If one thinks about how a researcher who adheres to banker hours will time their applications it becomes easy to see why failure is their rule. Rain at the right time is also very important. A person can set the stage for tremendous results, but rain in August is still needed to fill those pods.
I did get the chance to enter a greenhouse complex where new products were tested on several crops to see if their use could increase plant growth and grain production.
It was a complex belonging to an international supplier of plants grown to supply food for the country and very well recognized for their testing ability.
The hydroponic tests were recently completed on the different crops and the best of them showed the soybean yields had been increased 233 percent above the check yields. Now the trick will be to make the work and products applicable to dryland farming. Stay tuned.
There are many farmers and outside people who are asking what the heat is or will be doing to the corn and bean crops. It has been about seven years since we have had such a burst of heat and the plants will give clues as to how they are faring.
Temps in the high 90s are well tolerated by the corn plants as long as they have adequate moisture and have enough deep moisture reserves to meet transpiration needs.
It is when reserves run short and the plants begin to show signs of wilting that they can begin to lose yields.
There have been different figures discussed over the years, but it is possible that a day of extreme leaf rolling can result in losing 5 percent to 6 percent of the potential yield. If they can recover some at night that is a great help in retaining the young kernels.
A few farmers have purchased the infrared automotive temperature guns to take the plant temperature.
By comparing the plants surface temp with the ambient air temperature they can quantify the lack of cooling ability.
Sensitive research potentiometers can measure stress and express those readings in terms of negative bars of pressure.
There could soon be evidence of which fields have deep root systems and which ones are struggling. At this point most growers are seeing the benefits of good freeze/thaw action over winter that opened the soils up once more.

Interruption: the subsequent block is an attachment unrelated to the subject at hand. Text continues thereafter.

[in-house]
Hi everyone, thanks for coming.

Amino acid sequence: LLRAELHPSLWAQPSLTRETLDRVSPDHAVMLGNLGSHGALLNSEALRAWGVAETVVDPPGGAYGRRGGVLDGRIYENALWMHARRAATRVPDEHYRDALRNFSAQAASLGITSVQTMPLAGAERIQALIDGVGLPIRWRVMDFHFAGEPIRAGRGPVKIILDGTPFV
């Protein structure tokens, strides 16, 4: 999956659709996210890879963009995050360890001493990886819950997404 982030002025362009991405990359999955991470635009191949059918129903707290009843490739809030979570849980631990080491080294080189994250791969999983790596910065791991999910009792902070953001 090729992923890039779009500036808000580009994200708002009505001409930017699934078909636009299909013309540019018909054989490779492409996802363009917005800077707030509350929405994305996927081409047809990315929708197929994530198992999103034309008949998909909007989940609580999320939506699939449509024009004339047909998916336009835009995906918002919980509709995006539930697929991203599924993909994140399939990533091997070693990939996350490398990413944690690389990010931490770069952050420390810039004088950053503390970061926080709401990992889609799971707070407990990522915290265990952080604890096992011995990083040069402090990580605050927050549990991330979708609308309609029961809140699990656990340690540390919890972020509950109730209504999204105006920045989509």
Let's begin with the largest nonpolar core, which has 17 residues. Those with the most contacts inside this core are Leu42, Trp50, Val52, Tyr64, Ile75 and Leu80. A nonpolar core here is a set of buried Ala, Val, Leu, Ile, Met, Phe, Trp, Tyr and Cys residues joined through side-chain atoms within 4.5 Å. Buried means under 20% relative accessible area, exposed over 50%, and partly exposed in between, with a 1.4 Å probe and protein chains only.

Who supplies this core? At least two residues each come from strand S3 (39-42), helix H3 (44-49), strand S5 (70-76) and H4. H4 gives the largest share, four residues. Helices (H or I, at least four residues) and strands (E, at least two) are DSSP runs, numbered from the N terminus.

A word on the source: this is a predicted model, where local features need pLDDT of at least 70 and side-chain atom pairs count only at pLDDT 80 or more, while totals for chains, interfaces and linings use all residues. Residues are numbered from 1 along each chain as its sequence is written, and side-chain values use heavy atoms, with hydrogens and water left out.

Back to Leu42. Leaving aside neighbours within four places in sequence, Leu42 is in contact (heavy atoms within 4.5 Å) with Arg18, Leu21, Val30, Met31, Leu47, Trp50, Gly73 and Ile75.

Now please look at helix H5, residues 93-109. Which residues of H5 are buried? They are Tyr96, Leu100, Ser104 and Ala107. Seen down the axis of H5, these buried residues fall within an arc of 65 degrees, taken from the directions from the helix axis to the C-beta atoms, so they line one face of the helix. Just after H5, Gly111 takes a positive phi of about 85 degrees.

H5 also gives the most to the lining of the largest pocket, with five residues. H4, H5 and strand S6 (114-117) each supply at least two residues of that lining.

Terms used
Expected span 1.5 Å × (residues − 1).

In greenhouse trials where several different biological have been tested several different fungi (such as the trichoderma in U.S. and Israeli trials) and bacteria have proven to be great aids in helping different crops tolerate stress.
They seem to allow the plants to maintain a higher turgor pressure during times of low moisture availability.
So far most fields are still looking good during midday. Having a full profile just a few weeks ago on soils with a high moisture holding capacity is often why this part of the world has gained such a reputation for being good corn growing country.
As to the heat affecting disease occurrence, such conditions typically reduce the number of hours where moisture films exist on the plants, reducing the disease threat.
Check each crop near sunset and early in the morning to see if heavy dews are still forming. One doesn’t need rain to keep the interior part of the canopy moist for 12-plus hours each day.
If the leaves are staying dry, then try to determine if that will be the case over the next several weeks during grain fill.
To this date aphids are appearing in northern and part of central Iowa. The numbers remain low, plus we know they don’t reproduce well in 90-plus temperatures.
European corn borer larvae were still tunneling in the whorled leaves. They are present about two weeks later than normal in non-Bt hybrids and should be watched to see if ETs are reached. Now is when the first moths of the second brood should be starting to fly.
The last insect of consequence might be the stinkbugs in beans that could cause feeding problems once the pods begin to form.
In Illinois the CRW populations seem to be making a rebound.
Bob Streit is an independent crop consultant and columnist for Farm News. He can be reached at (515) 709-0143.